The current economic collapse raises pressing questions about what lessons we learned from the last one. No two crises are ever the same. Although they have many common elements, which flow directly from an extended plunge in economic activity, they have distinct causes and hence different trajectories. At a minimum, the reform measures that were put in place to address aspects of the prior crisis will alter the course of the next one.
The Great Recession, which lasted from December of 2007 to June of 2009, is of special interest here because it was an economic collapse brought about specifically by failures in the housing and mortgage markets. Some blame government policy for those failures, and it bears some share of the responsibility. Yet the greater weight of the evidence has shown that rampant Wall Street financial speculation was the core of the problem. The traditional approach to housing and mortgage financing became distorted by new mortgage-based investment instruments, leveraged lending, and lax underwriting, all of which turned out to be grounded in ill-founded assumptions.
Two of those assumptions were especially problematic in leading to the Great Recession. The first was the glib view that residential property values would always hold steady or rise over time, as had been largely the case since World War II. Putting aside the isolated tragedy of setbacks for individual families, or localized conditions of economic weakness, the “national” market for residential real estate was regarded as steady and enduring. When we first began to see elevated levels of foreclosures in Michigan, Ohio, and Indiana in 2004, 2005 and 2006, they were initially written off as a “Rust Belt” phenomenon. In the rest of the country, the home itself, which serves as the essential collateral for a mortgage loan, continued to be regarded as the solid keystone of the entire edifice.
This assumption, in turn, led to dangerous developments in mortgage underwriting practices. Those seeking to expand the market were not content to make safe, conventional loans; they wanted to widen the pool by bringing in new swathes of customers. And many shared what they saw as a key insight – that looser underwriting to a wider pool of individuals was not overly risky because the underlying collateral could always be counted on to rescue even a failed loan. Although government policy played some role in these developments, the unshackled creativity that spawned exotic new mortgage instruments was astounding. No-documentation loans, underwriting that was deceptively pegged to teaser rates, and broader use of negatively amortizing loans were just some of the novel approaches that many lenders adopted to qualify borrowers from outside the traditional mainstream. These innovations were met with little resistance, and even open encouragement, from most regulators.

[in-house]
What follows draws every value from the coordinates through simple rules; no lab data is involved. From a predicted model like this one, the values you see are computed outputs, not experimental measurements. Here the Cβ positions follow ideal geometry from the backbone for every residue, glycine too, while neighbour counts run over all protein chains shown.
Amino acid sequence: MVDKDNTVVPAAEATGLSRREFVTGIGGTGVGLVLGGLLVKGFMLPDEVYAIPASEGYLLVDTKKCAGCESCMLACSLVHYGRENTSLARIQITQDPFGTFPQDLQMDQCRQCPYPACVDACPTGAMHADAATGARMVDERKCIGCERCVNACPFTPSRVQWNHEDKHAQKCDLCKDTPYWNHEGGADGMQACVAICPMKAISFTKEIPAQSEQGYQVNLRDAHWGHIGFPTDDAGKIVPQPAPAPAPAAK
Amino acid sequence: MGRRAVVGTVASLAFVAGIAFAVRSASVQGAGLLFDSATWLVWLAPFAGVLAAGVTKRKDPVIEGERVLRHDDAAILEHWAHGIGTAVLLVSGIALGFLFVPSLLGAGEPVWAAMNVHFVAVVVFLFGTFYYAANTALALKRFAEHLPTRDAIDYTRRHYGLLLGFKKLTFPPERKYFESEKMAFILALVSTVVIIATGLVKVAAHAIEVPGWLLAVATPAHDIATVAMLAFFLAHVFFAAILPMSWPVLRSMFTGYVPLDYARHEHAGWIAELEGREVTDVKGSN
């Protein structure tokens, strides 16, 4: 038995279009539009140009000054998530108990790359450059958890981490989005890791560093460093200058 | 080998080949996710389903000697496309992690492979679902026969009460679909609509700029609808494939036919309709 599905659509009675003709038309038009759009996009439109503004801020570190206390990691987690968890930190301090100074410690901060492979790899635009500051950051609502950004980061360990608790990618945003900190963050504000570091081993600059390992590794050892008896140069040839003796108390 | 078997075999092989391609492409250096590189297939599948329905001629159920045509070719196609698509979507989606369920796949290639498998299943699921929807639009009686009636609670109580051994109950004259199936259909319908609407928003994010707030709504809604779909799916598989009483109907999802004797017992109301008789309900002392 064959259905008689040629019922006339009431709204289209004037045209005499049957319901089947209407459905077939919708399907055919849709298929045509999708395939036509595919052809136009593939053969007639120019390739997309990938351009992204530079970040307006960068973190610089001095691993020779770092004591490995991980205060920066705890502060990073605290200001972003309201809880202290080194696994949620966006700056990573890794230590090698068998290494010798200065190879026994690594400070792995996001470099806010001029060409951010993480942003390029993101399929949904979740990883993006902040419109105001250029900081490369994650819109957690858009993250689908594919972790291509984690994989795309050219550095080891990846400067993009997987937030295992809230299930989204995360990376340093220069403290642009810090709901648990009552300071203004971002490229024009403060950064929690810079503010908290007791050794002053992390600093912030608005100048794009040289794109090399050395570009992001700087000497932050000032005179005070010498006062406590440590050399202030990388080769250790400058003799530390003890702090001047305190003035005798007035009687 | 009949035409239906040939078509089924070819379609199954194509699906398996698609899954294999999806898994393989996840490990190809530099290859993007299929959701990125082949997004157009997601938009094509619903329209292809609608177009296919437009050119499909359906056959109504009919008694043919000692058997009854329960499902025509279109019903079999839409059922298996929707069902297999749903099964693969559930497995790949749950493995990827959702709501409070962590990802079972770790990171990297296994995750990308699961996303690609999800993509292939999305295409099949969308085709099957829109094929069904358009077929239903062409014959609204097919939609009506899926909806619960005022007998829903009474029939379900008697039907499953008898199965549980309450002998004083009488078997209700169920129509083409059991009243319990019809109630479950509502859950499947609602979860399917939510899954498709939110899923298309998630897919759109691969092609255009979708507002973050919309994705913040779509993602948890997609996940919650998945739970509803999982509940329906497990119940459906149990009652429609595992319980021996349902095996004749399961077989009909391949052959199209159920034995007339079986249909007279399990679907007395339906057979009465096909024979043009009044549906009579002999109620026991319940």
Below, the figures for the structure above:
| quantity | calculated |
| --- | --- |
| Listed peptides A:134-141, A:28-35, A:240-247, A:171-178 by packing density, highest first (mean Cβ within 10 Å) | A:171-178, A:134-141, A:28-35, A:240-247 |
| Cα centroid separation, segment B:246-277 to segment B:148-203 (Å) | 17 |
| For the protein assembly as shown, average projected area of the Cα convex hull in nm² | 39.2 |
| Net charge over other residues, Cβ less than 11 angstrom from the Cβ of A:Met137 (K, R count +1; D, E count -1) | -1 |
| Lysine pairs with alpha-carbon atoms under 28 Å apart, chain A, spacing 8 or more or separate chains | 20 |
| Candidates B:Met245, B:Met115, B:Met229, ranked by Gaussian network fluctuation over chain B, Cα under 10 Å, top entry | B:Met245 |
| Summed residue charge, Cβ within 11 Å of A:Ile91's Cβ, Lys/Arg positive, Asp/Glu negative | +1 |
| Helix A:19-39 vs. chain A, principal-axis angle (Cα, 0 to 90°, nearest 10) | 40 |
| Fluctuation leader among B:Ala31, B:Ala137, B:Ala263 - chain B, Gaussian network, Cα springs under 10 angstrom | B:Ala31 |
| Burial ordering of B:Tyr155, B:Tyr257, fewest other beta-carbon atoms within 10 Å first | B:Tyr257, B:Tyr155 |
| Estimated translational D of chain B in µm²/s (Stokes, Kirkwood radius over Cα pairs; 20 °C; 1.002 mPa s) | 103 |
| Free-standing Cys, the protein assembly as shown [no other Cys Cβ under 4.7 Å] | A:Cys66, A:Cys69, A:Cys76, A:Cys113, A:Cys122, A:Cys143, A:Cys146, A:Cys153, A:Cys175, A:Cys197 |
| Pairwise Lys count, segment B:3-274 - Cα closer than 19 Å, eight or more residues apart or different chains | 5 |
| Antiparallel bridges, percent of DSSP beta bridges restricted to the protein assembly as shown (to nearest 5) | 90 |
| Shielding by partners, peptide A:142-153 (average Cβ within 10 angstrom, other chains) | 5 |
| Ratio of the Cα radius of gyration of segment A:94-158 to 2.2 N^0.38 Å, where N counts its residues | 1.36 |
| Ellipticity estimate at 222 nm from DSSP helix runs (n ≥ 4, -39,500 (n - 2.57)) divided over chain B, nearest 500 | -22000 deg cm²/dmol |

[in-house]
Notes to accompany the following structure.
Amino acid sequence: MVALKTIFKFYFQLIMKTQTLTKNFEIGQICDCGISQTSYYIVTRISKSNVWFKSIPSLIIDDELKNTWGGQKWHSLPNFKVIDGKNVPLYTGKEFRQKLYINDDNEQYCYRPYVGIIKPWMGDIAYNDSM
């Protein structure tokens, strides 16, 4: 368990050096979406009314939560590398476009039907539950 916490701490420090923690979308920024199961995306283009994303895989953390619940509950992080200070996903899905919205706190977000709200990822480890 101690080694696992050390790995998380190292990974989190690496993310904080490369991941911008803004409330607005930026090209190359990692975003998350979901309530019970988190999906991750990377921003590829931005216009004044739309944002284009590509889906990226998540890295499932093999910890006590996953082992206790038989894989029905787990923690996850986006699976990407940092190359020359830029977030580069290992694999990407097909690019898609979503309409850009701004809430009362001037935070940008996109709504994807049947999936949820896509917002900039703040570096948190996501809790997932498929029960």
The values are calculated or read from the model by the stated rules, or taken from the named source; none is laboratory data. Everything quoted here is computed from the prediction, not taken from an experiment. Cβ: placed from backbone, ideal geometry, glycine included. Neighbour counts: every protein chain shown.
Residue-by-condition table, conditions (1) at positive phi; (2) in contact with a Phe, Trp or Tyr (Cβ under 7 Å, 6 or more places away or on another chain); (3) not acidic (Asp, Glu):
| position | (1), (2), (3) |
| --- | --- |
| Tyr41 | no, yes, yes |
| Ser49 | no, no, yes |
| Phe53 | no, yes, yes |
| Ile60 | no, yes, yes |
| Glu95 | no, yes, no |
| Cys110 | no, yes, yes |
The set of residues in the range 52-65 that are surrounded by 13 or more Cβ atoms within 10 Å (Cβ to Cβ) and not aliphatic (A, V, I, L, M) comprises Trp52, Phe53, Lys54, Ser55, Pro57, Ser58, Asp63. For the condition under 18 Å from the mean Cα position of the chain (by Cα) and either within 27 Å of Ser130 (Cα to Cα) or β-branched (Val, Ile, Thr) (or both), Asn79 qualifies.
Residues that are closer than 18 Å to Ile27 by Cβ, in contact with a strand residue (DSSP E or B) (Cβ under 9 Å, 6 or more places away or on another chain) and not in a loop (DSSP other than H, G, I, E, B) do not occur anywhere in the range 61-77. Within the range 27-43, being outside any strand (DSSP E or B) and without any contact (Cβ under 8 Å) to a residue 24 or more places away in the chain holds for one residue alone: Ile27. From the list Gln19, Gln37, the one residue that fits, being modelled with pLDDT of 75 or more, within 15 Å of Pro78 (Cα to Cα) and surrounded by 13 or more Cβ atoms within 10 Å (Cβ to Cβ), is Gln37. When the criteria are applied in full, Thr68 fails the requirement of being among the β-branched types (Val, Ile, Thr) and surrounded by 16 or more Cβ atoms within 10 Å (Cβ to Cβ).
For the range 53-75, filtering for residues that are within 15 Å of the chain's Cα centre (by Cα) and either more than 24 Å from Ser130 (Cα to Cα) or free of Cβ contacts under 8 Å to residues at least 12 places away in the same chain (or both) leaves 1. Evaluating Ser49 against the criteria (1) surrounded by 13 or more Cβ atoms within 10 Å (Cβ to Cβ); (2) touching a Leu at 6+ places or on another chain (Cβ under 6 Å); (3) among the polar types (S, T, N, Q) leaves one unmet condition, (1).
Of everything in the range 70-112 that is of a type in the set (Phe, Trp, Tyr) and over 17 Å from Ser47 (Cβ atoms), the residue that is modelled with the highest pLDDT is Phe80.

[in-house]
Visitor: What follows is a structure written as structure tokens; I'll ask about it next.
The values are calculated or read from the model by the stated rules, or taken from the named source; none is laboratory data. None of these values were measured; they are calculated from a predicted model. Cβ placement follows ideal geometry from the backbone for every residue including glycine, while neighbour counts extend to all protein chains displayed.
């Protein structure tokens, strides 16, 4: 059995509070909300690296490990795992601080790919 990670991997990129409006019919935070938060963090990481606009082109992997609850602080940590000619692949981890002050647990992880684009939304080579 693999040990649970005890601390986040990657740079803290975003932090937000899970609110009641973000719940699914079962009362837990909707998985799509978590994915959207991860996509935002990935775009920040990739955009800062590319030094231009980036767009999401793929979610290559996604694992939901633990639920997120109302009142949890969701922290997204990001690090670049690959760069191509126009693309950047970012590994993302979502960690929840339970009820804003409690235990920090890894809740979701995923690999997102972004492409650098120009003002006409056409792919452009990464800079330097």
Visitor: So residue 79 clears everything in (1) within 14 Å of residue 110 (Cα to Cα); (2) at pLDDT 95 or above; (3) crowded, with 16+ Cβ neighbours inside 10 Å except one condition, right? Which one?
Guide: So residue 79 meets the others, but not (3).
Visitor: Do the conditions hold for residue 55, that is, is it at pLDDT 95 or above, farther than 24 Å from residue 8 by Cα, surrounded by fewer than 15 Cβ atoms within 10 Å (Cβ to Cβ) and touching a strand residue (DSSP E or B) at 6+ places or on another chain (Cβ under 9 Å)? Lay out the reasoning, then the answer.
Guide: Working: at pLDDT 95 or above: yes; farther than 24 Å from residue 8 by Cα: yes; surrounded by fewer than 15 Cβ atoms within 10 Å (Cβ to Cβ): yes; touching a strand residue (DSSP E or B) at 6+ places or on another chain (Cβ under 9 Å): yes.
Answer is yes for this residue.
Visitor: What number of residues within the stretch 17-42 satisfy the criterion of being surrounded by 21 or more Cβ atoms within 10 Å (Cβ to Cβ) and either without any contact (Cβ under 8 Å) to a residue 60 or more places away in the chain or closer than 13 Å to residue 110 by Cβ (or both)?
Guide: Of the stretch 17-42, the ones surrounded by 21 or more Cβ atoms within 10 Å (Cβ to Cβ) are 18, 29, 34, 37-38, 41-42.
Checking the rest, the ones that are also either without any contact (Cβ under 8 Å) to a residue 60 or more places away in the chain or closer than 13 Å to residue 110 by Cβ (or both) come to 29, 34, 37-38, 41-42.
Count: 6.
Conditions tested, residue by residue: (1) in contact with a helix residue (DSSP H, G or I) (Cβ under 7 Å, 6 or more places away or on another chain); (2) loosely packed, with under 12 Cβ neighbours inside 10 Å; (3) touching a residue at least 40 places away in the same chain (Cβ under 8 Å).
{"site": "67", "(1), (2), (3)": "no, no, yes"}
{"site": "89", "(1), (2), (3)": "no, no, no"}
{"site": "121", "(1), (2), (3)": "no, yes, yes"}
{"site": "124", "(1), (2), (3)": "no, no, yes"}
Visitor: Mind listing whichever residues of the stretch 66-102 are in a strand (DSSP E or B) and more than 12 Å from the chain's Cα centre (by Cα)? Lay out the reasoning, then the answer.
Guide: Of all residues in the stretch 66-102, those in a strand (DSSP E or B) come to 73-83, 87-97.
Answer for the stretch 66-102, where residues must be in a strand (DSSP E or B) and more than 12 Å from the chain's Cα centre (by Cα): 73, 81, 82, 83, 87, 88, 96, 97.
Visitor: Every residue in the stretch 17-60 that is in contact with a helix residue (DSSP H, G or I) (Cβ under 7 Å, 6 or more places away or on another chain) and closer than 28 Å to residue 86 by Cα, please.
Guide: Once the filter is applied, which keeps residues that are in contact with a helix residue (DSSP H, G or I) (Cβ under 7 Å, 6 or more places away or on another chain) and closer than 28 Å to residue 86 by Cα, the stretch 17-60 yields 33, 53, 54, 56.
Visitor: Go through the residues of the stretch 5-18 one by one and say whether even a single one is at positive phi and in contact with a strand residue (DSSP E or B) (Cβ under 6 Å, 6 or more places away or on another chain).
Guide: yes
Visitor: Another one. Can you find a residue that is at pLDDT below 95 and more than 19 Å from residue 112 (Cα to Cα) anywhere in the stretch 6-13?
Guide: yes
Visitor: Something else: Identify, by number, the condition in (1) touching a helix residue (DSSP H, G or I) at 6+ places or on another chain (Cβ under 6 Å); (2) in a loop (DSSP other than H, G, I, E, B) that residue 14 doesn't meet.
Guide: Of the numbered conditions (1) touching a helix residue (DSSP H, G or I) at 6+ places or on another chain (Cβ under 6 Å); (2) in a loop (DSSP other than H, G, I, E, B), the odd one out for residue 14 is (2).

In all these instances, lenders (and those who bought or financed their loans) were able to tell themselves that the financial condition of the borrower didn’t really matter, because the ultimately surety for the loan was the residential property itself. And with the assumption that the value of this collateral would be unfailingly sound, more venturesome loans could be made.
The problem with this approach is a basic common-sense point: any economic axiom that contains the word “always” is inherently unreliable and, at some point, will be proved wrong. When real estate values plummeted across many geographic markets at once, dragged down by irresponsible lending that disregarded the borrower’s ability to repay, the transmission of this cataclysm through new and sophisticated financial channels led to the credit freeze and the financial crisis. One central reform that Congress and the Consumer Financial Protection Bureau put in place in the wake of this disaster is that nobody can now make a home loan without first making a reasonable assessment of whether the borrower will be able to repay the loan.
But the second casual assumption that helped precipitate the Great Recession was the related notion that the process for realizing the collateral that underpins a home loan, to recapture its market value, can be counted on to work effectively. The assumption had less to do with the sustainability of home values, and more to do with the nuts-and-bolts functionality of how a jilted loan-holder can go about getting its money back. The mortgage market relies on the foreclosure process as the ultimate means of recovering the loan-holder’s collateral, and those involved in the market were willing simply to assume that the process would function capably to backstop their investments. This too was an error, and the reasons why are worthy of further consideration.